“I started the rolling town halls when I was first elected,” Price said. “So I could selfishly get on my bike a little more, and connect with people. And then we real quickly realized a lot more people walk than ride.”
“Rolling Town Halls” are still in effect; additionally, the city offers “Walking Town Halls” and “Caffeinated Town Halls” in order to make city officials more accessible to the average citizen.
“I’ve got two names in my pocket that people have given me so far,” Price said, “about their neighborhood that they want me to look into for them. And I got to answer all these cub scouts questions for their citizenship badge.”
A mile down the trail City Councilman Sal Espino went live on Facebook to broadcast the walk and encourage viewers to get involved in their communities and city government.
After the mosquitoes began to feast, Espino told everyone to turn back and get out of the woods before the sun set.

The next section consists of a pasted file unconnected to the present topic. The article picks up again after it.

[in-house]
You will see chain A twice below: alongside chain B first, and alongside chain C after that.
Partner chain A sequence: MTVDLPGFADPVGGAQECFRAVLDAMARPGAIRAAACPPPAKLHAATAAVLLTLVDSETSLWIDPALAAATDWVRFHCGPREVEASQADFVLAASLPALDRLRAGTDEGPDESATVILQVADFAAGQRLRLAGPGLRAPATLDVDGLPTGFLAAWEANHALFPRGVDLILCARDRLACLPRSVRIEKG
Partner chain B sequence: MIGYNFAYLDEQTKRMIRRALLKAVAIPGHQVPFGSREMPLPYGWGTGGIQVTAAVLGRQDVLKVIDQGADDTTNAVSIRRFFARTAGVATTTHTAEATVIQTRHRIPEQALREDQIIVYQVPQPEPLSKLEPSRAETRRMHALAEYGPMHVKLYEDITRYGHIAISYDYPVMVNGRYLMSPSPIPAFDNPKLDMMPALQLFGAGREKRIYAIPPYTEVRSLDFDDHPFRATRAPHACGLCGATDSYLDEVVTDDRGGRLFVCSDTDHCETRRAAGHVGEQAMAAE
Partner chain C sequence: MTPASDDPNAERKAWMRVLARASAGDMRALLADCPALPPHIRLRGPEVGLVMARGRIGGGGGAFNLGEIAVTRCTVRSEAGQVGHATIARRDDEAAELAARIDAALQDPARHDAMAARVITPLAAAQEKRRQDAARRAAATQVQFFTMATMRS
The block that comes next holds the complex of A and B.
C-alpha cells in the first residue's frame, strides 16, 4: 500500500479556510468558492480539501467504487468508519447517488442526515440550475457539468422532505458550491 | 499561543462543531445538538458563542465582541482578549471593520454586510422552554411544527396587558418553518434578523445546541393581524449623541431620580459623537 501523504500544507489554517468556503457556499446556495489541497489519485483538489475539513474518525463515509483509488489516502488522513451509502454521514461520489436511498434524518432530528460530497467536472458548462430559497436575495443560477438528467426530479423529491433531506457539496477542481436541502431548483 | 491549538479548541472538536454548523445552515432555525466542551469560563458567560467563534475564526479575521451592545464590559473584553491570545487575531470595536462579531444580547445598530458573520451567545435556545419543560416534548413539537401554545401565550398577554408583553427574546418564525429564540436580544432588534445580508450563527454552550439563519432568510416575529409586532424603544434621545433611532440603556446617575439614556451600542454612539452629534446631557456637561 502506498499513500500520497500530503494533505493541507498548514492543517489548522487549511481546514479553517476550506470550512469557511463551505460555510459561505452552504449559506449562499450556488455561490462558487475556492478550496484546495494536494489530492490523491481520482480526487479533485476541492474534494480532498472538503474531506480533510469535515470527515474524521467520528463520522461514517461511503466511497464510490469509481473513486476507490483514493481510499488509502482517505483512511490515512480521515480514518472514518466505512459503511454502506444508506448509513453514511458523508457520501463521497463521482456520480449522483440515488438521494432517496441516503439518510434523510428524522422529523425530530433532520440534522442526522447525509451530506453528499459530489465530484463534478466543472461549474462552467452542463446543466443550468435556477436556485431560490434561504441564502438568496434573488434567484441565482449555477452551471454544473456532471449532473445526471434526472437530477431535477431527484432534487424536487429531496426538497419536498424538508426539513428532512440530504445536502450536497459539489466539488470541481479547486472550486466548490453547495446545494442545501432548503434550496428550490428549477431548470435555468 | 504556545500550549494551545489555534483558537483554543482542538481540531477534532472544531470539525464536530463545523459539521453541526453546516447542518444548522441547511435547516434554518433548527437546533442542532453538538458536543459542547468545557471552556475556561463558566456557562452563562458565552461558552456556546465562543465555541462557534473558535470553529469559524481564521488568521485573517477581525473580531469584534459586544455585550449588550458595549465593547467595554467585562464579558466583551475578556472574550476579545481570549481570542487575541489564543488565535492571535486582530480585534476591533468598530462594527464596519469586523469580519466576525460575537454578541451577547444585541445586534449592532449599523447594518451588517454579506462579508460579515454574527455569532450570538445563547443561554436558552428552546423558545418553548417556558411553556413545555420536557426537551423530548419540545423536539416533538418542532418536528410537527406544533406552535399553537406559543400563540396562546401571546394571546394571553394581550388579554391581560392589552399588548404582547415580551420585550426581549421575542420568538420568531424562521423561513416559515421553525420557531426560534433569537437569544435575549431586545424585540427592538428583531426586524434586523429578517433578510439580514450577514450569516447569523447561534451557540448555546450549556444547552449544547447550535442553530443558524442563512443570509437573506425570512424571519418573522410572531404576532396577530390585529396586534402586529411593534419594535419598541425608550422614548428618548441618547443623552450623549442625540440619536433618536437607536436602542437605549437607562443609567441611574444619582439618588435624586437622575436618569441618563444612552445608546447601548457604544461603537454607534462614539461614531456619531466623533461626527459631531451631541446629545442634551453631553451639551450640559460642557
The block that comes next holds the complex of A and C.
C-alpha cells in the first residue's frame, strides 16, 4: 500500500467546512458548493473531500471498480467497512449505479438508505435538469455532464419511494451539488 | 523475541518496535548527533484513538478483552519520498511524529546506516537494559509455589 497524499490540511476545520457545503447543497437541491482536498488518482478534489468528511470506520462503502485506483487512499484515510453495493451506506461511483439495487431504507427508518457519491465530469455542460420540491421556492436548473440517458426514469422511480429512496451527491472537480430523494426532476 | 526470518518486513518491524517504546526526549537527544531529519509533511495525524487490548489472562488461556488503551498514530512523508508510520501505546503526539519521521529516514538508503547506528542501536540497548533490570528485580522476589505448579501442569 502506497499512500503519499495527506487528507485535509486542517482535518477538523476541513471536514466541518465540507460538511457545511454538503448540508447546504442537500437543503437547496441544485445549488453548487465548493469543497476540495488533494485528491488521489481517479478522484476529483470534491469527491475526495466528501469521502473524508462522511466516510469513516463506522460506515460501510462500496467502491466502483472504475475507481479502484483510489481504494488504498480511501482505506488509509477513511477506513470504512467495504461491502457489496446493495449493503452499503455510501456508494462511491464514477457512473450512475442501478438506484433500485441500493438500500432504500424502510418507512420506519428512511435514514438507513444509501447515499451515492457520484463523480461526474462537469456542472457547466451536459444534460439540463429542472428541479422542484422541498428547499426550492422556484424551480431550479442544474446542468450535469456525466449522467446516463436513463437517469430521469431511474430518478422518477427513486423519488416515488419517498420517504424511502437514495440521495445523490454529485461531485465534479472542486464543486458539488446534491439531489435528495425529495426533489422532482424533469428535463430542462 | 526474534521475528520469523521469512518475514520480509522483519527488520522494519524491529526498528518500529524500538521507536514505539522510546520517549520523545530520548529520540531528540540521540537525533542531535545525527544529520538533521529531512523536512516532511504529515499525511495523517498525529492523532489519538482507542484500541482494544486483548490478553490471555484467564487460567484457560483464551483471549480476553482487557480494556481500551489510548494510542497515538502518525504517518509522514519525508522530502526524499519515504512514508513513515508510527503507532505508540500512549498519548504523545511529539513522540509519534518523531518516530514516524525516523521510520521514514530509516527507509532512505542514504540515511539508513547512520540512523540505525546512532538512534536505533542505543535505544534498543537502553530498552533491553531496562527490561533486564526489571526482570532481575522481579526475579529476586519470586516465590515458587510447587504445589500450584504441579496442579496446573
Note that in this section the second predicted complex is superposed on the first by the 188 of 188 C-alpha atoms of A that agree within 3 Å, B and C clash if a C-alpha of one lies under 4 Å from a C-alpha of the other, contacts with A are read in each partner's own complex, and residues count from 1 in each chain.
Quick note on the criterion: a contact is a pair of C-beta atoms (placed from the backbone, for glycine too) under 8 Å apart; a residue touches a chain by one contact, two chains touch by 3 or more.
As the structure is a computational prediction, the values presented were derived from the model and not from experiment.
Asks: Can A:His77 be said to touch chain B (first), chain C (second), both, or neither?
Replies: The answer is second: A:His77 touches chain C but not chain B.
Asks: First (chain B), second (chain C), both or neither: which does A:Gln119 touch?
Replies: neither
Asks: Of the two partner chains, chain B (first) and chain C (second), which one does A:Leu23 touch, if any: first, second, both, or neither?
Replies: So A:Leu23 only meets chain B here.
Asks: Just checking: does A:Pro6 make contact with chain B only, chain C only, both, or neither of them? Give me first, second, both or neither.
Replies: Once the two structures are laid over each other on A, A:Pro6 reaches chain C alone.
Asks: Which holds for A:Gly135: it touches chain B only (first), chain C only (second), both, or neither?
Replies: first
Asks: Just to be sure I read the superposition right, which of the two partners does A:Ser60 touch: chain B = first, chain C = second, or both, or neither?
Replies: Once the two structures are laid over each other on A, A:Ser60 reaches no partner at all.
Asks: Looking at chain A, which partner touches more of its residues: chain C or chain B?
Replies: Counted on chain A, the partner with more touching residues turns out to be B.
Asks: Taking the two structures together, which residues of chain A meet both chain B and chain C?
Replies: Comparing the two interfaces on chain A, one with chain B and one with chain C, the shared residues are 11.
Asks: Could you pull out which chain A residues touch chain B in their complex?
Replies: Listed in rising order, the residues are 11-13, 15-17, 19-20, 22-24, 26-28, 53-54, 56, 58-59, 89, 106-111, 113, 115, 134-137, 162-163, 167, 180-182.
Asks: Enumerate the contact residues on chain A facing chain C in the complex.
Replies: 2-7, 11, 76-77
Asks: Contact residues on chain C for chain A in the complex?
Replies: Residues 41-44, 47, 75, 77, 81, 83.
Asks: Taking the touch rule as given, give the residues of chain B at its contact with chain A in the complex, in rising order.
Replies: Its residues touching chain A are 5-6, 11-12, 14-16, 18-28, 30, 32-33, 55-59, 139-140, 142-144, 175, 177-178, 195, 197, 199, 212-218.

“And let me know what you want to talk about,” Price said while everyone was still listening.
A constituent shouted for a wider road in her area, a request she had repeated throughout the walk, and the crowd laughed in response.
“Talk to the mayor here about it,” Espino said. “Y’all already bent my ears. Bend the Mayor’s ear now.”
Thomas Baiter, a Keep Fort Worth Beautiful board member and 12-year resident of Fort Worth, said coming to these events is an effective way to address concerns in the community.
“The mayor is wonderful,” said Bainter. “She does things like this all the time, and she listens to people. She really does. She listens. And our city councilman Sal Espino over there, he listens, too. So we appreciate that.”
Bainter said if you don’t show up, then the council members are listening to someone else, and it might be someone with whom you don’t agree.
At the end of the walk, there was a raffle for free museum tickets and an overnight stay at The Stockyards Fort Worth.
To find out more about Fort Worth Town Hall events like this, visit their webpage.